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The Shining Girls by Lauren Beukes

The Shining Girls (edition 2014)

by Lauren Beukes (Author)

MembersReviewsPopularityAverage ratingMentions
1,6961376,538 (3.55)152
"A time-traveling serial killer is impossible to trace-- until one of his victims survives. In Depression-era Chicago, Harper Curtis finds a key to a house that opens on to other times. But it comes at a cost. He has to kill the shining girls: bright young women, burning with potential. He stalks them through their lives across different eras until, in 1989, one of his victims, Kirby Mazrachi, survives and starts hunting him back. Working with an ex-homicide reporter who is falling for her, Kirby has to unravel an impossible mystery"--Publisher's web site.… (more)
Title:The Shining Girls
Authors:Lauren Beukes (Author)
Collections:Your library, Read, Read but unowned, BDI, 2015
Tags:USA, serial killer, time travel, horror, science fiction

Work details

The Shining Girls by Lauren Beukes

  1. 11
    NOS4A2 by Joe Hill (alaskayo)
    alaskayo: Well: Time-traveling serial killers powered by unexplained forces. You'll see the comparison in many reviews. NOS4A2's definitely worth checking out for genre fans. (The audiobook is read by Kate Mulgrew--Captain Janeway!--and comes highly recommended.)
  2. 00
    The Straw Men by Michael Marshall Smith (imyril)
  3. 00
    Watch Me Disappear by Jill Dawson (Anonymous user)

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» See also 152 mentions

English (134)  Dutch (2)  Italian (1)  All languages (137)
Showing 1-5 of 134 (next | show all)
I'd give this a C. Way to reminiscent of Stephen King for my liking. Fairly well executed thriller but the fantasy hook is wasted on what amounts to a police procedural. ( )
  bulletproofheeb | Aug 12, 2019 |
What can I say? Totally gave me nightmares. ( )
  Seafox | Jul 24, 2019 |
This book grabs you by the throat and never lets you go from page one. Starting off in 1931 Chicago, Harper Curtis is a killer who murders a blind woman and takes her coat. He had killed someone else and injured his leg in the process of running away and needed to see a doctor. Luckily there's a five dollar bill in the coat and after laying low for a couple of days after murdering the blind woman he goes to the clinic and gets a cast put on his leg since his tendon is ripped and needs to heal and he's given a metal cane. Then he feels a calling to this rundown boarded-up house that when he enters is fixed up really nice inside. Upstairs is a room with the names of girls who "shine" and things that belong to them outlined on the wall. His mission was to kill them.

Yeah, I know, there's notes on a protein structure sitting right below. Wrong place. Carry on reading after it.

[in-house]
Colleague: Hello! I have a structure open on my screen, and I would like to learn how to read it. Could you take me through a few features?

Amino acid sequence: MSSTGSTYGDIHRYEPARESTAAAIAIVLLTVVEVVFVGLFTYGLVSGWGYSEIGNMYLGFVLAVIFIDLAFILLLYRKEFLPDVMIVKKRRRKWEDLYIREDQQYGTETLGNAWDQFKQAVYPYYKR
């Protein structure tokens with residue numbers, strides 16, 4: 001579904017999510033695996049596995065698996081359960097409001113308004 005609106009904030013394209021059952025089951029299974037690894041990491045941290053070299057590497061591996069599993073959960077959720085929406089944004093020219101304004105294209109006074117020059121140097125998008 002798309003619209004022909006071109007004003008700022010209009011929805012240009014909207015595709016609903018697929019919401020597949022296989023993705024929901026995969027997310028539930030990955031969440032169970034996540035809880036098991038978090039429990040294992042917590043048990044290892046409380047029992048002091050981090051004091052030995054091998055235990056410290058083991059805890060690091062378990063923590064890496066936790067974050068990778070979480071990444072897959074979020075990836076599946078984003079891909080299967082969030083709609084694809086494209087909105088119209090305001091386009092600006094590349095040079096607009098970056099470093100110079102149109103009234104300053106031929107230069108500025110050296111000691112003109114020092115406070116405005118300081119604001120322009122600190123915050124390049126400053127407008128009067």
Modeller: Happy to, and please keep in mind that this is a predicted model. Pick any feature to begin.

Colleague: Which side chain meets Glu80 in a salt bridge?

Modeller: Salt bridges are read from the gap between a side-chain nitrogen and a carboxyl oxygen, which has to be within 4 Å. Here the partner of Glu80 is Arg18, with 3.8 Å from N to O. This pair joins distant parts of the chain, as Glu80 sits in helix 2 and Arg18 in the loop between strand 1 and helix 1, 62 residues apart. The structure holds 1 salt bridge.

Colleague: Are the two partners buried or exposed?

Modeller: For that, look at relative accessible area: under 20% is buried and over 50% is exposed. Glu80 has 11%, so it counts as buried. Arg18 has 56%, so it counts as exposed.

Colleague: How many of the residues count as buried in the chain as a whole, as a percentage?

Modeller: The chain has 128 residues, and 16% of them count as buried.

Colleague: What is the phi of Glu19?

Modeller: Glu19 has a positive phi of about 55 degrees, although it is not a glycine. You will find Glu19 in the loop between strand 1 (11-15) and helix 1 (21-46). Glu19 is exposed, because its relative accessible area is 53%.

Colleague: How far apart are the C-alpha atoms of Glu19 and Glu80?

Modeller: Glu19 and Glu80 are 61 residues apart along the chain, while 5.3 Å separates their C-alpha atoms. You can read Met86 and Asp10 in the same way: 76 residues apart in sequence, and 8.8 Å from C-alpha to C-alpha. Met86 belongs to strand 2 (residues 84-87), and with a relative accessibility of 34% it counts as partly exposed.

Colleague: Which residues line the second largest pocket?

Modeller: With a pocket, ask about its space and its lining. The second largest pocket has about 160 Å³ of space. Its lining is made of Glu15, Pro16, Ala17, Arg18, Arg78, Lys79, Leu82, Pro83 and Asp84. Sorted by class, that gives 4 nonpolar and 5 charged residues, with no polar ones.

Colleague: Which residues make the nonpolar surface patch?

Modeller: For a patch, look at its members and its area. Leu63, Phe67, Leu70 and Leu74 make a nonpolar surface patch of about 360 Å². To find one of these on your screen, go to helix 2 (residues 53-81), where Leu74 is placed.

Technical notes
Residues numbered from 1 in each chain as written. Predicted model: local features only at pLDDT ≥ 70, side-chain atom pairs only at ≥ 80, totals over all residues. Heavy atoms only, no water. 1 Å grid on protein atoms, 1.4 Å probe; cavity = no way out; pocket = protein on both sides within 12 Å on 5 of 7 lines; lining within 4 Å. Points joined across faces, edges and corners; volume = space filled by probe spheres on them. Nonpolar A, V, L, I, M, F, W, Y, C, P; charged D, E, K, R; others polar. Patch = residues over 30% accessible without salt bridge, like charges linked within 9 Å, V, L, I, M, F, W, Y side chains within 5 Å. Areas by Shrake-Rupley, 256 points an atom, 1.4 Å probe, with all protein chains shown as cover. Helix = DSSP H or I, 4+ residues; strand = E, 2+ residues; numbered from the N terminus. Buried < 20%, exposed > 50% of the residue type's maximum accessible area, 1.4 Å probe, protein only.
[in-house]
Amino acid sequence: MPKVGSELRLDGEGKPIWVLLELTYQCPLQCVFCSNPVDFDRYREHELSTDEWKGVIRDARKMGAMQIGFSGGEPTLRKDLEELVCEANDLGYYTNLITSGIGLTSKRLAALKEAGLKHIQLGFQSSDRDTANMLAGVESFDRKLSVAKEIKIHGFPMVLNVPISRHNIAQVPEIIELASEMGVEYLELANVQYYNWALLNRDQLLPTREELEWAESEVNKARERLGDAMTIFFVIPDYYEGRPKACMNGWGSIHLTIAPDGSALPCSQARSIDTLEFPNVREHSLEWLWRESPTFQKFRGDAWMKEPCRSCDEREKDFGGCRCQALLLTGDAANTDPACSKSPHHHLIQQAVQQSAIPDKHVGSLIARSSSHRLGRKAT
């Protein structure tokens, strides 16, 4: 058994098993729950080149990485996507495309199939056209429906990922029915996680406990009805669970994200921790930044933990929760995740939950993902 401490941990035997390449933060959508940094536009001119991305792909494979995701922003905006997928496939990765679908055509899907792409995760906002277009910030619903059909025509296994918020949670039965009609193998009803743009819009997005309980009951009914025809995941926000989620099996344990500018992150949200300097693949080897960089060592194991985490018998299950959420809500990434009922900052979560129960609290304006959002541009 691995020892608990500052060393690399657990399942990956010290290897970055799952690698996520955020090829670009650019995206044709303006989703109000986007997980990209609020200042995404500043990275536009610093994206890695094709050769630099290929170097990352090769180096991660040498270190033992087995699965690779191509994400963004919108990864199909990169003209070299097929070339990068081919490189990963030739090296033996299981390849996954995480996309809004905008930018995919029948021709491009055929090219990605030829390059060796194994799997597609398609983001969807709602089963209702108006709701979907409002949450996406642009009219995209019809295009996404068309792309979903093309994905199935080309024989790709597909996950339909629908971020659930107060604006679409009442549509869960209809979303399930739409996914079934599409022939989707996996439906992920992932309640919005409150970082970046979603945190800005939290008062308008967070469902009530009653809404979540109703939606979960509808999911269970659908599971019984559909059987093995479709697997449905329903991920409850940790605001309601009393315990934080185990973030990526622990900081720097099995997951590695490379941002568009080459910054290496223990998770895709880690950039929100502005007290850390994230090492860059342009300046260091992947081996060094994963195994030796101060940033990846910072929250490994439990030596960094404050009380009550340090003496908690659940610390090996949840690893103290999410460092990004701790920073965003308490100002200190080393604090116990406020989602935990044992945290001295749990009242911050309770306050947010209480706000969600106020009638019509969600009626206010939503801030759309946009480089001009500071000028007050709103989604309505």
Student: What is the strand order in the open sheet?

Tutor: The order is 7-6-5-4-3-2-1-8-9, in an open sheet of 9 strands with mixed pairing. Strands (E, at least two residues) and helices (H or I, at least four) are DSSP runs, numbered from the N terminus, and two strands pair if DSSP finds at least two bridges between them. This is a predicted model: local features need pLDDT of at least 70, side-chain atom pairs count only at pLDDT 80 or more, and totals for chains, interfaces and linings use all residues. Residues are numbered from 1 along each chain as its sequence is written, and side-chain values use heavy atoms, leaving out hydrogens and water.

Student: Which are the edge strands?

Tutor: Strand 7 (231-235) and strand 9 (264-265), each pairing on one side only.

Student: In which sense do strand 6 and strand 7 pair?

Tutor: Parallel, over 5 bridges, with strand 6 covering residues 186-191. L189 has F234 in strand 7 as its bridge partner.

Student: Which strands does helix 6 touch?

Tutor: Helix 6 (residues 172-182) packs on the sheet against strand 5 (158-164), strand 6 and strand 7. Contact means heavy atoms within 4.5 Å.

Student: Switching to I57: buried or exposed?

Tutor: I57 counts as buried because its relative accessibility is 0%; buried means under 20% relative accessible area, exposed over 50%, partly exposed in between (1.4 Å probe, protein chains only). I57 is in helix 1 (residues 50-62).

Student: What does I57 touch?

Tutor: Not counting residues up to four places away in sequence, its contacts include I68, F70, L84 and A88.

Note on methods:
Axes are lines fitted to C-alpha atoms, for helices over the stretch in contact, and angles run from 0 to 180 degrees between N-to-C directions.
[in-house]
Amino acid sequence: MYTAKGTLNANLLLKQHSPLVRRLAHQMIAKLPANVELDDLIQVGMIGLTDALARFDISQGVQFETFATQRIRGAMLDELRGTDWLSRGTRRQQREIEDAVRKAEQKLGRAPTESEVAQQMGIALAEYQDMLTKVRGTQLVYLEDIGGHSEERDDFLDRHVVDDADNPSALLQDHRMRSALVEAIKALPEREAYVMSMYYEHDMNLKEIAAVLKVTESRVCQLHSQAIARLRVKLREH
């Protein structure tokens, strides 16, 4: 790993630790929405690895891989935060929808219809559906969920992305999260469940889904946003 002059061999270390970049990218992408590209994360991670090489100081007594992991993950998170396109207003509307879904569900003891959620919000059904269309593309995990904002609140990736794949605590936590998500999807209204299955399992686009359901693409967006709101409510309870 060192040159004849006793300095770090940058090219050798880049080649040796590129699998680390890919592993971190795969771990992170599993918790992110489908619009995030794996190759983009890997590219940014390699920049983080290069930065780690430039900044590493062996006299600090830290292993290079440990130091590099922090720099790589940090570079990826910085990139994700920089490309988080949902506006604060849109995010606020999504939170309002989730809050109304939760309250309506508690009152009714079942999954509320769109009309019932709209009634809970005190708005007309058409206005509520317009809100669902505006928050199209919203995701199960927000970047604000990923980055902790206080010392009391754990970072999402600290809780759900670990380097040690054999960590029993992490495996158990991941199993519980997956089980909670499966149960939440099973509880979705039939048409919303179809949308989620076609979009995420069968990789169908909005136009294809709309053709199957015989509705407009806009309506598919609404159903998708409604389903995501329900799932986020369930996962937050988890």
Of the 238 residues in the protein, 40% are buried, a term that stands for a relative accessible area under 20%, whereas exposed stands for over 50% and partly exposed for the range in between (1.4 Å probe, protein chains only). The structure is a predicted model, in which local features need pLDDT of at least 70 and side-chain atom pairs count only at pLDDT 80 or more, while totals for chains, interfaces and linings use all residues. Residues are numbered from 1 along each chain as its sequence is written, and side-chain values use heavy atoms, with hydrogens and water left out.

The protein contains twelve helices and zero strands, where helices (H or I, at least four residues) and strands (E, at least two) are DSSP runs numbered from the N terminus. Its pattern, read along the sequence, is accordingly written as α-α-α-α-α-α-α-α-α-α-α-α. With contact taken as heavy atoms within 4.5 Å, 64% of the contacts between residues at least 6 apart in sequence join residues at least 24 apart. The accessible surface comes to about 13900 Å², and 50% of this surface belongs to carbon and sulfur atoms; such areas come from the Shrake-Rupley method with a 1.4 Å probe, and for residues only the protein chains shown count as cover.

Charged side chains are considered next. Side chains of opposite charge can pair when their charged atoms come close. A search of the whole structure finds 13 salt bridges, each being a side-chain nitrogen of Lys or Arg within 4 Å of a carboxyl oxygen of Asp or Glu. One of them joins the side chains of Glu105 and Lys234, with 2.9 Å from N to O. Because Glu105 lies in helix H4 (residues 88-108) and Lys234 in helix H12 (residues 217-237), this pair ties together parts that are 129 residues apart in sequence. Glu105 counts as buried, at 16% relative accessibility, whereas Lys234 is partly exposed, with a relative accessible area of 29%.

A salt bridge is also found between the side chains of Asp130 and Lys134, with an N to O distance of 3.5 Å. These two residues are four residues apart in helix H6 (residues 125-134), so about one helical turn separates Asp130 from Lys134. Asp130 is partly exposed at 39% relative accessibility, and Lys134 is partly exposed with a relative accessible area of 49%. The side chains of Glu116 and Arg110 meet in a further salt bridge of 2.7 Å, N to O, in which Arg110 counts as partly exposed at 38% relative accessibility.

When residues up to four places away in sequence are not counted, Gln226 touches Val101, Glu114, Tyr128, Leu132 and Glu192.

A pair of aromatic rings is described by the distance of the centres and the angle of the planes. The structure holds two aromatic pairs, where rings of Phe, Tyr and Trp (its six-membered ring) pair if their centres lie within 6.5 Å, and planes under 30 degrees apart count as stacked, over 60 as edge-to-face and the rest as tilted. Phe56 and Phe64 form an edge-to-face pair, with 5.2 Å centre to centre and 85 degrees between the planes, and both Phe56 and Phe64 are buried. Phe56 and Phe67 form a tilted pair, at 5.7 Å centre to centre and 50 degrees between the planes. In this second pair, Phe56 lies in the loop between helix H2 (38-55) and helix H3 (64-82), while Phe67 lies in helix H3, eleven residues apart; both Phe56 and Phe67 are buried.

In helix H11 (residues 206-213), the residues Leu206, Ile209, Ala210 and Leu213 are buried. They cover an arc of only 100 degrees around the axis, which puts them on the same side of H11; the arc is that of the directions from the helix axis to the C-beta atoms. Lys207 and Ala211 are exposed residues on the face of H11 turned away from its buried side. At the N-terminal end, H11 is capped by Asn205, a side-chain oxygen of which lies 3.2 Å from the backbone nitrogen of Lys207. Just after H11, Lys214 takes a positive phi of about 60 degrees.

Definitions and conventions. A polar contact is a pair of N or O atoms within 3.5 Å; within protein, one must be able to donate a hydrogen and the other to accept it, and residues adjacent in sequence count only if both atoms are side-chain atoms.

The next time he steps outside of the house it is 1988. Inside the house, he had found a suitcase full of money and betting slips so he took some money and used it. The money was in bundles according to date which he would find out later. The women live during different times but he can go no farther in the future than 1993 for reasons he has no idea about.

Kirby, one of the girls, survives the attack in 1989 because her dog saves her life. Harper leaves her to bleed out, but she gets help from a fisherman on the beach. When he checks up on her a few days later her overly dramatic mother tells him thinking he's the press that she's dead. Kirby had first met Harper when she was six and he gave her a toy horse. He took away the tennis ball she used to throw at her dog and left behind Willie Rose's lighter with the initials W.R. on it. Willie was an architect from the 1950s who was gay and worried about being pointed out a Red even though she wasn't a communist. She did have lofty ideas that she had shared with the wrong person at the firm in a world where they don't want a woman working there and will do anything to get rid of her. But they're not the ones she needs to worry about.

Kirby isn't taking surviving lying down. She's tried traveling and other things but nothing is working now she wants to go after the person who did this to her. She wants to find out who he is. So she goes back to school and gets an intern at the Sun-Times with Dan Velasquez who is the sports guy but once worked homicide and did the story on her, but he burned out and couldn't handle any more man's inhumanity to man and asked to be sent to sports. It cost him his marriage. Now it's 1991 and he's agreed to help steer her in the right direction in her research if she does her job as his intern and provides him with numbers and quotes.

Meanwhile, Harper is traveling back and forth in time enjoying his time in each time period and scoping out each victim killing some people that aren't on the list because they piss him off. Also, a drug addict from 1988 has discovered the inside of the house and robbed it, barely escaping before Harper returns. But nearly anyone who sees inside the house will see a dilapidated torn up house on the inside. It takes a special person to see the magical side of it. At some point, though, Harper will realize that Kirby is alive and he will be highly pissed and vindictive about ending her life. How can Kirby capture a man who travels through time? Dan is falling for her even though he doesn't want to and he is having a hard time believing the truth about Harper.